Public Law 104-191 104th Congress. Health Insurance Portability and Accountability Act. Accessed 2/2712 http://www.cms.gov/Regulations-and-Guidance/HIPAA-Administrative-Simplification/HIPAAGenInfo/Downloads/HIPAALaw.pdf.
Public Law 111-5, 111th Congress. American Recovery and Reinvestment Act of 2009, Title XIII: Health Information Technology Section 13001. Accessed 2/27/13 http://www.gpo.gov/fdsys/pkg/PLAW-111publ5/pdf/PLAW-111publ5.pdf.
Public Law 111-148, 111th Congress. Patient Protection and Affordable Care Act. Accessed 2/27/13 http://www.gpo.gov/fdsys/pkg/PLAW-111publ148/pdf/PLAW-111publ148.pdf.
US Department of Health & Human Services. Office of Inspector General. Work Plan 2012. http://www.mc.vanderbilt.edu/documents/DCCI/files/OIG%20Work-Plan-2012.pdf.
Vigoda, Michael. “e-Record, e-Liability: Addressing Medico-Legal Issues in Electronic Records.” Journal of AHIMA 79, no. 10 (Oct. 2008): 48–52.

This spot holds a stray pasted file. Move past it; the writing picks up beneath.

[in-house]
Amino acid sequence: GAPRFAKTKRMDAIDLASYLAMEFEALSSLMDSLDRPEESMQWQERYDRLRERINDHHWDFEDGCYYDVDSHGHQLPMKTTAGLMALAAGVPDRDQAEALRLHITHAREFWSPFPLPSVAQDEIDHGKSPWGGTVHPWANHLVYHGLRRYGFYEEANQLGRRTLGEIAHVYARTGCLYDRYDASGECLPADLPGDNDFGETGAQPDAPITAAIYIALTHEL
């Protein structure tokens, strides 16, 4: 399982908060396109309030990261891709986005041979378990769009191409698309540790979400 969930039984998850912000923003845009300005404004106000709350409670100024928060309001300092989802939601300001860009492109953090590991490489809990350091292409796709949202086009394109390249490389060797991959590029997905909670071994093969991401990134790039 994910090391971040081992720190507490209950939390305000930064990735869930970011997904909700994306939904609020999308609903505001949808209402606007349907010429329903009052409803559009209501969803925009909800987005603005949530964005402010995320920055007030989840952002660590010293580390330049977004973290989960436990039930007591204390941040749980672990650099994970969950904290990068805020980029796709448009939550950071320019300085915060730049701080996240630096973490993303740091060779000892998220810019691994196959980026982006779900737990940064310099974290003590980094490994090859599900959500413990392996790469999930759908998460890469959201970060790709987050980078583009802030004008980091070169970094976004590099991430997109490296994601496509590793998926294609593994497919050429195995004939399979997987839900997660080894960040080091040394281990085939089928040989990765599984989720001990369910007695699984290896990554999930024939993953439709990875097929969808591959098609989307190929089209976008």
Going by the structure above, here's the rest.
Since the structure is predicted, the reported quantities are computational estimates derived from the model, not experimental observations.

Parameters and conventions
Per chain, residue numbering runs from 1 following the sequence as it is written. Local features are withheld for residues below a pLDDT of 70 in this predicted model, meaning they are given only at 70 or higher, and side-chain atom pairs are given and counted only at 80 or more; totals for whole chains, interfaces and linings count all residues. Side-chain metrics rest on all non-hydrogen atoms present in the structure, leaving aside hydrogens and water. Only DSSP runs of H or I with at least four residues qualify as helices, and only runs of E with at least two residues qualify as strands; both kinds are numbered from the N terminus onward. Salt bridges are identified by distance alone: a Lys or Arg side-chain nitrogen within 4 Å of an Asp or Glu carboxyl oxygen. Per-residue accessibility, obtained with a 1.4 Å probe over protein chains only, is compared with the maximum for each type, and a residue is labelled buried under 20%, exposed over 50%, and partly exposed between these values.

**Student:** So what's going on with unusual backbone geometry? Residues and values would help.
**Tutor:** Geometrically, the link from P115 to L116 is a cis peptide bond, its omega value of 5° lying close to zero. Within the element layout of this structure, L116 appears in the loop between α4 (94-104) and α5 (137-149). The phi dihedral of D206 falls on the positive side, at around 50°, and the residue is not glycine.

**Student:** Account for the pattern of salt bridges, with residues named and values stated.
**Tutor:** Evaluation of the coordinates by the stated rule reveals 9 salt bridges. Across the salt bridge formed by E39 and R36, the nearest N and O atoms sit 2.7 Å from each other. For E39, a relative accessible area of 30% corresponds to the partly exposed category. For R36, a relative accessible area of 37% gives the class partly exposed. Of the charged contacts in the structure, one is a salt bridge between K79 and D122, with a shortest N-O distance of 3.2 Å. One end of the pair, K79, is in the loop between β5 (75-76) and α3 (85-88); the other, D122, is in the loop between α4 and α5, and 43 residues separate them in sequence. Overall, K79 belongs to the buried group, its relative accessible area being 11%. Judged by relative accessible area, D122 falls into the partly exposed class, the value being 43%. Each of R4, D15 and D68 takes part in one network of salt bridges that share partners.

Wiedemann, Lou Ann. “Deleting Errors in the EHR.” Journal of AHIMA 81, no.9 (September 2010): 52-53.
Appendix B: Case Studies: Integrity of the Healthcare Record
Case Study 1
Issue: Electronic Tools That Enable Borrowing Data from another Source
Electronic tools make it easy to copy and paste documentation from one record to another or pull information forward from a previous visit, someone else’s records, or other sources. Failure to build in technical or policy and procedural safeguards creates an environment in which documentation manufacturing is encouraged and fraudulent entries are possible—thereby compromising data integrity. There also are instances in which borrowed documentation cannot be tracked to the original source, creating both legal and quality of care concerns.